I started writing this blog in September. I (apparently) wrote the title, added the lovely stock image you see above on September 16th at 2:49am and then…stopped. Writing this now it’s the 17th of November at around 1:09am, so just over two months later.
Funny how that happens.
I had intended to write this at the beginning of the college year. It was the first time since I was three years old that I wouldn’t be walking through the doors of some sort of school, and while I can be introspective to a fault, at times, I wanted to pass on some advice to hopefully help people who might have been in the same positions that I had been: depressed, over-stressed and over-encumbered with voluntary work.
I vividly remember the first time my grandfather got angry with me. Angry might be a bit too strong, but for a man who was nothing but kind, caring and jovial to me before then, mild annoyance seemed like righteous hellfire. I was in second class in primary school, and I volunteered to stay behind after class to sweep up and help clean the classroom. Yes, I’ve always been a massive nerd. I appeared at the main gates of the school, half an hour to an hour later than expected, to an understandably worried and disgruntled grandparent.
Fast-forward to college, and in second year I start to get properly into clubs, societies and the student union. At first I got involved in a committee because a friend needed a hand, or because the cricket club needed a secretary to keep running, but I began to enjoy the work I was doing. As essays and exam study piled on, these fun social aspects to college life began to (understandably) seem like a much more preferable alternative to slaving away in the library all evening. One didn’t replace the other, at least not initially, but the work put into student life things seemed a lot easier, with a lot more immediately gratifying results. I began to cope with the stress of academia by adding more work to my plate, essentially, which I later learned is the exact wrong thing to do.
Going through life, and by extension college, with a mental illness is already *fun* enough without making it harder on yourself, and without knowing it I fell into a trap I’ve referred to as the ‘Stress-Anxiety Cycle’. This would later be explained to me by a medical professional using a diagram like the one above. Stress can fuel anxiety, depression and Obsessive Compulsive Disorder (O.C.D.), which causes more stress, which causes more anxiety, depression, O.C.D. (and so forth) in a vicious mental ill-health cycle. So when I used, say, being on about seven college society committees at once as a way to cope with the stress of college itself I was actively feeding into a regressive cycle that ensured I wouldn’t be free from stress for some time. A bit like quicksand – the more you do, the more active you are, the worse it can get.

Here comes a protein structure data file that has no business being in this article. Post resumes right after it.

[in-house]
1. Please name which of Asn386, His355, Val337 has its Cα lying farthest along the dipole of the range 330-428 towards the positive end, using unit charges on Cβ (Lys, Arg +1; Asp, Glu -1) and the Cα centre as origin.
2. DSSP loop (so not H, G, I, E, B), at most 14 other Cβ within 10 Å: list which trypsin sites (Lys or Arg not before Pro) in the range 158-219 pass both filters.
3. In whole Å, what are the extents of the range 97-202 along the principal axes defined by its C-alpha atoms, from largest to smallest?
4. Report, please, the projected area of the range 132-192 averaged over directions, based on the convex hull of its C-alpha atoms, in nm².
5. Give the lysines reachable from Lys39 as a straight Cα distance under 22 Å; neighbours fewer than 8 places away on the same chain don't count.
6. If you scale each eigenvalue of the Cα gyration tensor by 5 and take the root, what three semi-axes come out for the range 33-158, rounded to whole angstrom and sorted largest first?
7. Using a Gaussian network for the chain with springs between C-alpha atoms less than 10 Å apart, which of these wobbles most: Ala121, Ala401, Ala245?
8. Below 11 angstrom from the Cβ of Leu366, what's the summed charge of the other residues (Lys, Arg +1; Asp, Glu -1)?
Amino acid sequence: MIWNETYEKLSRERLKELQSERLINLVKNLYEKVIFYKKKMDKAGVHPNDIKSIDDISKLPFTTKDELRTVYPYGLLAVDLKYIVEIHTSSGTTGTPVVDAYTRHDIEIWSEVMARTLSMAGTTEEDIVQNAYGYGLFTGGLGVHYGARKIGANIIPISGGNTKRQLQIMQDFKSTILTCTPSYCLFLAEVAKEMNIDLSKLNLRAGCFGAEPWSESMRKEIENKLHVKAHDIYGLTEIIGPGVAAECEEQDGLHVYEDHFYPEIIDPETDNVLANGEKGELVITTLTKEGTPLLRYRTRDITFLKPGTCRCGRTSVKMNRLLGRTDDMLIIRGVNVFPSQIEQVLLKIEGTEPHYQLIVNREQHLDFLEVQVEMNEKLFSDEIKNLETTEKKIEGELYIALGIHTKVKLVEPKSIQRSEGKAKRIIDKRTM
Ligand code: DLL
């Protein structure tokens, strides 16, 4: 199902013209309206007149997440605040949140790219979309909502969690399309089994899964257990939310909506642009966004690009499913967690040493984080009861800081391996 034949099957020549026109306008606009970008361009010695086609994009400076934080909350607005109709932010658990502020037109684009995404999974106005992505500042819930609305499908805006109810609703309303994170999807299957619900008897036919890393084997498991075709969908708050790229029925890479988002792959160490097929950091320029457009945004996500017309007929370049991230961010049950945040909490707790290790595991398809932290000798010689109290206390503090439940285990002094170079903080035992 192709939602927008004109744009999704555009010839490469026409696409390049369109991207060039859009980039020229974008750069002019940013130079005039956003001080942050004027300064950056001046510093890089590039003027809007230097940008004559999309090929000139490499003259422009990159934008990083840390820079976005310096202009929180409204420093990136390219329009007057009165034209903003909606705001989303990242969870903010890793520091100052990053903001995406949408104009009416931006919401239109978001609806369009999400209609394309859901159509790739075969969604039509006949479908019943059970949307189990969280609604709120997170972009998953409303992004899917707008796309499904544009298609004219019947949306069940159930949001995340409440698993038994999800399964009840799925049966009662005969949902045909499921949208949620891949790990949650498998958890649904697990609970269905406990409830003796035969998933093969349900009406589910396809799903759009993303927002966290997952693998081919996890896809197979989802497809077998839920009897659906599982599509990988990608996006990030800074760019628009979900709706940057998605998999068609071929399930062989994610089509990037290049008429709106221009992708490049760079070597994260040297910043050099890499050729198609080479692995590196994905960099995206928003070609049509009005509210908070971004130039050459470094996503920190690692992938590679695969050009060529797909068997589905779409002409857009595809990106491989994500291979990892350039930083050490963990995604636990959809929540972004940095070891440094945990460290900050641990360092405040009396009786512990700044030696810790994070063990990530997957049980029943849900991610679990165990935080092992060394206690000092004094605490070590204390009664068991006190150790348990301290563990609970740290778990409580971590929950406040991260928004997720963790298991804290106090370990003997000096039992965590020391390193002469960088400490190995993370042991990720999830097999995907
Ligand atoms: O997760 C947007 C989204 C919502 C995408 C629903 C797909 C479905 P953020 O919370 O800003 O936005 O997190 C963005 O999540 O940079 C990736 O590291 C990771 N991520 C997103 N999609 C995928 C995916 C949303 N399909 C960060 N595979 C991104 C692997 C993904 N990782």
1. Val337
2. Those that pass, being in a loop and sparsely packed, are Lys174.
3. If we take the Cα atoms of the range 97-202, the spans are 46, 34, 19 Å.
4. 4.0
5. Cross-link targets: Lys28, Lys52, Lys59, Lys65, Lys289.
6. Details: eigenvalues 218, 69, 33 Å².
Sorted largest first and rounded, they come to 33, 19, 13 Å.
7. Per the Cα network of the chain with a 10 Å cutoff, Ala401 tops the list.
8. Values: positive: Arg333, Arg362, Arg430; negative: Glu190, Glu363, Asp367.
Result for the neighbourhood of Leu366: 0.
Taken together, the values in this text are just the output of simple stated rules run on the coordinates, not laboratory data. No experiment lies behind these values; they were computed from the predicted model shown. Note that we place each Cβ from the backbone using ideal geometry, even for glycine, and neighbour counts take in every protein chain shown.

Let’s not make any mistakes here, or cast any aspersions, this was all my own doing. Even when it was explained to me, what I was doing, I didn’t exactly drop everything. Hell, I was a Chairperson of a society and Editor-in-Chief of the college newspaper in my final year, long after being told about the never-ending cycle I was gleefully participating in. And this is part of the problem. The work was something I elected to do – chose to do of my own volition – and something I found rewarding. It was self-medication I felt was working, even though there was plenty of evidence to the contrary.
I wanted this blog to be helpful, yes, but it was also part of a new stress cycle. Having left college, and having general (undisclosed) life commitments, I internally committed to writing at least one article for this website a week. I found it fun, being honest, but even if the deadlines were purely self-imposed I saw them as ironclad, something I had to meet. I missed my first deadline because I wasn’t particularly feeling this topic, but also because I was stressed about this purely voluntary expedition I had embarked on – stressed about not pushing the articles enough, stressed about negative feedback on Reddit, stressed about the writing being poor, stressed that a million people weren’t reading my blogs. I even poked fun at this when I eventually, as I thought at the time, came back. And when I didn’t write another blog the following week it contributed to a depressive downward spiral that I’m still not totally out of.
So here’s the revolutionary takeaway for you all: if you’re stressed, more stress is not the answer. It doesn’t sound too insightful, or helpful, but it’s something that you probably needed to hear if you were in the same hole I was in. It’s also important to be comfortable with saying “no” to people, even if you feel it “isn’t too much work,” and to be aware when you’re over-extending yourself, and when any extra work would be to the detriment of your long-term health.
Don’t forget you can follow me on Twitter, Facebook and Instagram by going to @JournalistRob. Have a story to suggest? Email me at JournoRob@gmail.com.